A Moment of Harmony Between Our Planet and the Sun Marks the Start of Fall
The autumnal equinox is on September 22nd, and with it comes an opportunity to regain balance and harmony as summer slips into the rearview mirror and the joys of the fall season come into view.
Like the vernal equinox and solstices in winter and summer, the autumnal equinox is an astronomical event shaped by the orbit of our earth around the sun that humanity has long used to mark the changing of seasons. This year, welcome autumn by diving into the science behind the autumnal equinox and you just might find yourself restored by the literal reason for the fall season, the autumnal equinox.
What is the Autumnal Equinox?
The autumnal equinox officially opens pumpkin spice season, otherwise known as fall, with brief restoration of order in an otherwise topsy-turvy world.
We get the joys of changing seasons because earth orbits at a 23.5 degree tilt as it makes its year-long trek around our solar system’s very own mass of incandescent gas that we call the sun. Without the earth’s tilt the sun would shine directly on the equator all year long and seasons would not change. Because of the earth’s tilt the sun
Due to earth’s tilt, the sun spends most of the year north or south of the equator and shines more directly on some parts of the globe during certain times of the year than others. We experience the resulting variations in the amount of sunlight regions north or south of the equator get throughout the year as seasons. That’s why fall starts when it does, on the autumnal equinox, whether it feels any chillier outside or not (regards from Texas).
Twice a year, in March and September, the sun aligns with the equator, day and night fall into balance, and the whole world experiences the changing of seasons with a day that’s roughly equal in duration to the night. That’s why we call these days equinoxes, from the Latin for equal (equi-) night (nox).
When is the Autumnal Equinox?
The Autumnal Equinox occurs on the planet earth’s time, not ours, so the equinox can fall on different days in late September, depending on the year.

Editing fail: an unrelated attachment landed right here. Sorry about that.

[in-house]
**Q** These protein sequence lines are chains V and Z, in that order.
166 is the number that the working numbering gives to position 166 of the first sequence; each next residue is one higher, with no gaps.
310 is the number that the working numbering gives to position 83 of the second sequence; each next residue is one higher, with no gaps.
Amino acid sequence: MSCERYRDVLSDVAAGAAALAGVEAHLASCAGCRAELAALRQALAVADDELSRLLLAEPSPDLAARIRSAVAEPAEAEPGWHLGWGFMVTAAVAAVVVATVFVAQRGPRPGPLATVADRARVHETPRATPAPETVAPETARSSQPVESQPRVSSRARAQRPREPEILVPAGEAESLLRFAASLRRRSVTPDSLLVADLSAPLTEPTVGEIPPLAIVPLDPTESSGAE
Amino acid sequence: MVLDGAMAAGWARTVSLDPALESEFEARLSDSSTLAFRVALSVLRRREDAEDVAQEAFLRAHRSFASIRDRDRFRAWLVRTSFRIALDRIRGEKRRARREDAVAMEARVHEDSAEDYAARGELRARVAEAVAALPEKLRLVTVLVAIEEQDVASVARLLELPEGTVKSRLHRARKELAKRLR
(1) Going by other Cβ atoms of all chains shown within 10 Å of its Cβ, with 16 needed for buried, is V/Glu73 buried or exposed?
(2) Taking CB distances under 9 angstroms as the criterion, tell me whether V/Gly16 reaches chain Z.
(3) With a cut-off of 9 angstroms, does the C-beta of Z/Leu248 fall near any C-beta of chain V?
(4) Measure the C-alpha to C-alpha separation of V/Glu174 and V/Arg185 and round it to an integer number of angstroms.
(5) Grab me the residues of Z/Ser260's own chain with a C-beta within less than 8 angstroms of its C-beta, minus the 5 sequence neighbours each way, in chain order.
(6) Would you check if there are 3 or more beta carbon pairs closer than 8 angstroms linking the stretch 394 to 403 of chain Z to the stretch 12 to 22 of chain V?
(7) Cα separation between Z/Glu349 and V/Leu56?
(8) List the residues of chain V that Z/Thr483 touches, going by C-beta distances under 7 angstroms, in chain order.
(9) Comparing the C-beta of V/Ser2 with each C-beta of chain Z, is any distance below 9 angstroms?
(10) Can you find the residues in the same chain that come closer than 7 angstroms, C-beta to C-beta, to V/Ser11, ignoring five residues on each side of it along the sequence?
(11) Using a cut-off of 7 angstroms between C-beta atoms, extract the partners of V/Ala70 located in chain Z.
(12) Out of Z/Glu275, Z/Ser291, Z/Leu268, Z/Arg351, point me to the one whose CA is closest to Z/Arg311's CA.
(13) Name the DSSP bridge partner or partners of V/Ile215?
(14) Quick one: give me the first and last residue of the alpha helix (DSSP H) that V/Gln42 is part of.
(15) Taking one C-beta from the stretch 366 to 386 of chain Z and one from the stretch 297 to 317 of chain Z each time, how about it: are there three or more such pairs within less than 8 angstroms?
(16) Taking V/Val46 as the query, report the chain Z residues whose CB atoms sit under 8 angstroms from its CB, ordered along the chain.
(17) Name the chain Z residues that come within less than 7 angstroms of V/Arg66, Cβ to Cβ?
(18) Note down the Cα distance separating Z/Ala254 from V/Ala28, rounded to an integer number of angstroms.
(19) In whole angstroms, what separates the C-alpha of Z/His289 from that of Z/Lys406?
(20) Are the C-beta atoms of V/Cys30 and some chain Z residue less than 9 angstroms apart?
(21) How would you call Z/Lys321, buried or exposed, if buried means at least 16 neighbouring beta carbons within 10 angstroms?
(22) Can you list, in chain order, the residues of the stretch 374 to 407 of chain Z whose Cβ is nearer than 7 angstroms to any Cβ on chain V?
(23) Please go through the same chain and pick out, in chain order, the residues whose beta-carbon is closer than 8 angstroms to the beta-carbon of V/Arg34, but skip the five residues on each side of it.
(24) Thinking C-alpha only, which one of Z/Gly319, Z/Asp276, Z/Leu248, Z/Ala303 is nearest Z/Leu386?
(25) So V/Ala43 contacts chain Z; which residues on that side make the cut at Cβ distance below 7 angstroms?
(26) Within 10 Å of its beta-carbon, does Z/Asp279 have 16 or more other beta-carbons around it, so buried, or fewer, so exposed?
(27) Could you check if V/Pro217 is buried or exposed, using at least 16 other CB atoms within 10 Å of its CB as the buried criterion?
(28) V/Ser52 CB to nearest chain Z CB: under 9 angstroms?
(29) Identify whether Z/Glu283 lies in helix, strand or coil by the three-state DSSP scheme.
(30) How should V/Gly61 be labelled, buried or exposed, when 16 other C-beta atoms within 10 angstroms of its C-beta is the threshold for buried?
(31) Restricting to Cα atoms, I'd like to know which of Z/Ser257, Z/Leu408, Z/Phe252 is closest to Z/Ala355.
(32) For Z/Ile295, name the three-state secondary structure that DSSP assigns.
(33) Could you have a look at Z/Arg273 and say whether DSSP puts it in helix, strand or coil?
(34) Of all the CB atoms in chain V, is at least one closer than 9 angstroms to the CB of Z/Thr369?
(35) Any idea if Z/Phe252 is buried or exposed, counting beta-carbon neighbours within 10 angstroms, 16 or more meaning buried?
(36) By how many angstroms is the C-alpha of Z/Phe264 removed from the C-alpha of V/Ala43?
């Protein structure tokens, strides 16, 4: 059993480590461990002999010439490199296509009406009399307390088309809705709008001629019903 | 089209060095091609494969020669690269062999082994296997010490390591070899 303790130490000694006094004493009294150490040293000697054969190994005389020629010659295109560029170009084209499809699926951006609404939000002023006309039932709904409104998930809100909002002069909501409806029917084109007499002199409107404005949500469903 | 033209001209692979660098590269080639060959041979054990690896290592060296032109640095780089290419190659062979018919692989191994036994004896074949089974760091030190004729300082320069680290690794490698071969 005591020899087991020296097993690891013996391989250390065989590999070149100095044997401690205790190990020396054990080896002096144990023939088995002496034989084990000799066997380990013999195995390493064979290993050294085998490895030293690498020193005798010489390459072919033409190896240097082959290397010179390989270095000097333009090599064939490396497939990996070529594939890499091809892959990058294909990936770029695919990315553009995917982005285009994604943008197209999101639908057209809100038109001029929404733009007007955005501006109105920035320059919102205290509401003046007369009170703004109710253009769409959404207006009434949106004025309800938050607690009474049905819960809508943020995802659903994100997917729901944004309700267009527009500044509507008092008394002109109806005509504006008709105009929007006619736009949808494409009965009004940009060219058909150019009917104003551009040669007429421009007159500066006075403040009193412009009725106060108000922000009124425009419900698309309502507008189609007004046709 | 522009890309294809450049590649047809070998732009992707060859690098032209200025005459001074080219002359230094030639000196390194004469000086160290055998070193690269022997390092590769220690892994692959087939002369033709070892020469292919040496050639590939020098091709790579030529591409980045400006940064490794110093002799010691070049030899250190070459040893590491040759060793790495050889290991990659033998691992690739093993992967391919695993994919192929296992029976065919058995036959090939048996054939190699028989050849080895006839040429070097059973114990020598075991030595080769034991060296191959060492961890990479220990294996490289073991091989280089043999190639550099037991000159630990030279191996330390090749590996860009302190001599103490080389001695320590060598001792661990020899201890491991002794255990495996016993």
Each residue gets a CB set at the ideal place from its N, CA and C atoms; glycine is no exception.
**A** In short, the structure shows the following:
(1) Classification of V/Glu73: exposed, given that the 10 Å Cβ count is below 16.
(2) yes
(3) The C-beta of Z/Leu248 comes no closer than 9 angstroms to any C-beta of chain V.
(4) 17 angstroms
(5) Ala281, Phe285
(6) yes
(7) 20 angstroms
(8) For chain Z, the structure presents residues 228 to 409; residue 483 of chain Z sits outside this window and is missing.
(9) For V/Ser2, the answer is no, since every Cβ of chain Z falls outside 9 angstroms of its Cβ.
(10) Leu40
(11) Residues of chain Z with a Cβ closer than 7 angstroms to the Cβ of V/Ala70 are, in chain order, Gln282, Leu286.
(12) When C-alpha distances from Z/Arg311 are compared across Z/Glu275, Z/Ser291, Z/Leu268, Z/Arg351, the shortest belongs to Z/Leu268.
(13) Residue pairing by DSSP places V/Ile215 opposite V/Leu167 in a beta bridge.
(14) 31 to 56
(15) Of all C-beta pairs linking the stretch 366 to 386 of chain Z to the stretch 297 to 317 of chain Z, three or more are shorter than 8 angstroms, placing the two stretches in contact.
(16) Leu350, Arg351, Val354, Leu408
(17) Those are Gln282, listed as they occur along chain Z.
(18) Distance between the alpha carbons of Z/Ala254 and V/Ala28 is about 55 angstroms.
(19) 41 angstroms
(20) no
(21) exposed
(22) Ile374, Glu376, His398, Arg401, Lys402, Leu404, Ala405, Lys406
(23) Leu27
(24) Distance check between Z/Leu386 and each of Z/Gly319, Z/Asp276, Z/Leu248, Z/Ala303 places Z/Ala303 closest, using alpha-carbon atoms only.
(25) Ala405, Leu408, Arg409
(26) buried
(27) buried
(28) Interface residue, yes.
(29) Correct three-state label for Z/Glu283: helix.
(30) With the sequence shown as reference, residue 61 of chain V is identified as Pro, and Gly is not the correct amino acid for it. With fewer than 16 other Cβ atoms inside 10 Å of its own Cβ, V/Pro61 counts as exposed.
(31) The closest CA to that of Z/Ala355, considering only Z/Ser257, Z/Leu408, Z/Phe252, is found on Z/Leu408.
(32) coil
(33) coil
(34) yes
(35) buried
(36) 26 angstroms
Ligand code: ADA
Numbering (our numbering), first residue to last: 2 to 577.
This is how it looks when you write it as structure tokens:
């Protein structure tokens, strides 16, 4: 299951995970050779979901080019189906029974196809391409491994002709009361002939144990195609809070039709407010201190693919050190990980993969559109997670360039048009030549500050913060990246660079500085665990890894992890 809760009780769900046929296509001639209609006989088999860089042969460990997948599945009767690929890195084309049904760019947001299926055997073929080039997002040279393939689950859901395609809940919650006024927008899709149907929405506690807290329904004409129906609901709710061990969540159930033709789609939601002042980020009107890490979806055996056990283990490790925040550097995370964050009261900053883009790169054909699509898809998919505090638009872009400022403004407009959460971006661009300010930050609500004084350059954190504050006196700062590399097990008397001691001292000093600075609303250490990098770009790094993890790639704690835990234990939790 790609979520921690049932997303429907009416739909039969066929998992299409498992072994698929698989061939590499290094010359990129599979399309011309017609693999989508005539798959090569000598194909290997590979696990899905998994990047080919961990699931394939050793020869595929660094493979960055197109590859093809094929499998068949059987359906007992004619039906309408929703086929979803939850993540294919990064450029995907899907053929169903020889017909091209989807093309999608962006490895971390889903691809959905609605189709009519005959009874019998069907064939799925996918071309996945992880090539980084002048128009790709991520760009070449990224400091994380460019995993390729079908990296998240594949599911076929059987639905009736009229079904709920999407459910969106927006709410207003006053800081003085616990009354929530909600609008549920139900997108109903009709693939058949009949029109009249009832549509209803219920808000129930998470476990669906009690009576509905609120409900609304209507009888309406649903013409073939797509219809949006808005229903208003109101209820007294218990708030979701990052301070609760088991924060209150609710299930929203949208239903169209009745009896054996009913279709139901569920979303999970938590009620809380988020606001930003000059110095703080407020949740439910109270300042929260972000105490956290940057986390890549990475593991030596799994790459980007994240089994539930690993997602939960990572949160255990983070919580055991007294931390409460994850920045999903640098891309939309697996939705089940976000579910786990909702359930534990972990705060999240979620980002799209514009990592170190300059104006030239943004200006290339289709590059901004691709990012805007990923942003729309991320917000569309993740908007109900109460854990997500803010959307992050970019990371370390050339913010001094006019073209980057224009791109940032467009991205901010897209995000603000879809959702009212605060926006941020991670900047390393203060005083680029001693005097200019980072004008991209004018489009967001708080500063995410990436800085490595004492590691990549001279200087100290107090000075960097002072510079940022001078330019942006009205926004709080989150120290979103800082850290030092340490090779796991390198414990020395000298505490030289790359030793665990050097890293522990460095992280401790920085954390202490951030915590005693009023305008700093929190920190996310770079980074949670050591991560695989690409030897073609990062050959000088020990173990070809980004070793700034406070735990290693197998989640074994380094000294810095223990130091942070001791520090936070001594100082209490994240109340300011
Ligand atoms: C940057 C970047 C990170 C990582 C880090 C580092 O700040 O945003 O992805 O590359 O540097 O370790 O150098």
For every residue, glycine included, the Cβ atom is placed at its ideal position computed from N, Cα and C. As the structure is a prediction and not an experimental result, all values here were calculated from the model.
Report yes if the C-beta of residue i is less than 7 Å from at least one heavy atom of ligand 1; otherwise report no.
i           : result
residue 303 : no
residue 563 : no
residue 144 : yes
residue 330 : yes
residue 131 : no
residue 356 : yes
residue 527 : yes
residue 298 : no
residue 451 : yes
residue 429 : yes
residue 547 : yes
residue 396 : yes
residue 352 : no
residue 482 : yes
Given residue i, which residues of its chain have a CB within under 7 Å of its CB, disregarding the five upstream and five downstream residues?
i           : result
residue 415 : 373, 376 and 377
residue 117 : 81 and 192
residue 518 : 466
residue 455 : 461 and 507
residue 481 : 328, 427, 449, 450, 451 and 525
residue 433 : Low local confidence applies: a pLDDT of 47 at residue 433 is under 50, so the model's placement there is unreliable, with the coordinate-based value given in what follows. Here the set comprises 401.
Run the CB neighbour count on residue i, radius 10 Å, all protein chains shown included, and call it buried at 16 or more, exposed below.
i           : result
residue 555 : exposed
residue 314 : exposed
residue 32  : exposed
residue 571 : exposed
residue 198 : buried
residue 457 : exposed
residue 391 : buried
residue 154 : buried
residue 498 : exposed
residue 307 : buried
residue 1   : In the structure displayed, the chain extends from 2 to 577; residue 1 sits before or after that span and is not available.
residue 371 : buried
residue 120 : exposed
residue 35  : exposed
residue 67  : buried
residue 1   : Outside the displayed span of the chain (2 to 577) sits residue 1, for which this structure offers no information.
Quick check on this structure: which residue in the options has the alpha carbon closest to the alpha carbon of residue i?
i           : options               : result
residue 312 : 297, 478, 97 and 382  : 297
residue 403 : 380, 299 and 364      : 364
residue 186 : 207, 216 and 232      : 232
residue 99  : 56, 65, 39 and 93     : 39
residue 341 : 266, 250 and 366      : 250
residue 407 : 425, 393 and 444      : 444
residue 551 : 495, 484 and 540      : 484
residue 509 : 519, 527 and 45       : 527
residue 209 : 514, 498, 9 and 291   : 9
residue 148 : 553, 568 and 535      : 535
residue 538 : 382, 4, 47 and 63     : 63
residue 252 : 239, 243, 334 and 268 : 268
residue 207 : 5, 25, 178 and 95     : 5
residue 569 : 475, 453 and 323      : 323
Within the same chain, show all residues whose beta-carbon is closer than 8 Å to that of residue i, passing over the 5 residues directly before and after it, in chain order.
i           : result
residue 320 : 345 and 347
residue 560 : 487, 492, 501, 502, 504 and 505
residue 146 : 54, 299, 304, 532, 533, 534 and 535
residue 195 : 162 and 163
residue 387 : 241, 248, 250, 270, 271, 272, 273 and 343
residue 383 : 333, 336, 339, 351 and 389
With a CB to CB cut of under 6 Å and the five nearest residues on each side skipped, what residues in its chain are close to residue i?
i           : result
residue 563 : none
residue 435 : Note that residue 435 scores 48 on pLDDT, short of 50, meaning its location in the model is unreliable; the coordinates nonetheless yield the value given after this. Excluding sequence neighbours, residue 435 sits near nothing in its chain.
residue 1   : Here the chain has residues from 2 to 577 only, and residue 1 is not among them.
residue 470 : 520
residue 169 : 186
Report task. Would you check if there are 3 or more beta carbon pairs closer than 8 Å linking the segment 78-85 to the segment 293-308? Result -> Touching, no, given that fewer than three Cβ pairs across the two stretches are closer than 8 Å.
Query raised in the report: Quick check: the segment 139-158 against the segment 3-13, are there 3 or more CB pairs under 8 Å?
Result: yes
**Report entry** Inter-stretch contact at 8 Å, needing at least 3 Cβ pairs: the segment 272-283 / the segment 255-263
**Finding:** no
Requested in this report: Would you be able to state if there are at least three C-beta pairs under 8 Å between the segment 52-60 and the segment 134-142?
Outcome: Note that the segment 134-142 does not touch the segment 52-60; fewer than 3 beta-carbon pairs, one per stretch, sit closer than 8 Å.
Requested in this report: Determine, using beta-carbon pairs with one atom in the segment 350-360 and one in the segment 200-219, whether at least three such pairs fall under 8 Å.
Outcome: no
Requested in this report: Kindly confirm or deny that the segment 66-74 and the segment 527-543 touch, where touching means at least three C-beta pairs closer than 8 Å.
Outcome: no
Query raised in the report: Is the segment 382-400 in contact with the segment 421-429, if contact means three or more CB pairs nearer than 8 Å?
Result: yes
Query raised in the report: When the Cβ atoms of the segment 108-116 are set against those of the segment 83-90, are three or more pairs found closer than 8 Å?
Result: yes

Equinoxes occur in between solstices. During the solstices in winter and summer, the sun is at its furthest north or south of the equator. In the June solstice, the sun beams directly over the Tropic of Cancer, giving us the longest day of the calendar year as the first day of summer. When the sun beams directly over the Tropic of Capricorn in the December solstice, we open winter with the shortest day of the year.
During the spring and fall equinox, the sun beams right over the equator, between both tropics. Around March 21st, we experience the vernal equinox in the Northern hemisphere, and mark the start of spring, and in late September the autumnal equinox ushers in the fall season.
What About The Southern Hemisphere?
Meanwhile, in the Southern Hemisphere the equinox and solstice mark the changing of opposite seasons. While we’re welcoming fall, the Southern Hemisphere ushers in Spring with its vernal equinox, and when we welcome winter with the shortest day of our year, people south of the equator start their summers with the longest day of their year.
Celebrate the Equinox and Sneak a Science Lesson in for the Kids
Aside from an excuse to get out all the Halloween decorations and fill your home with the scent of cinnamon-spice, the equinox is a great time for her for an astronomy lesson with your kids! You can find a kid-friendly explanation on study.com for older kids, or reference the pictures and video from National Geographic to help younger kids appreciate the changing of the seasons too.
For more health-related topics, tips, and recipes, make sure to follow along with our Hospitality Health ER blog. There you can find all of our coverage on autumnal ailments like “3 Tips for Fall Allergy Season.” For giveaways, updates, and COVID-19 tips, like us on Facebook and Instagram.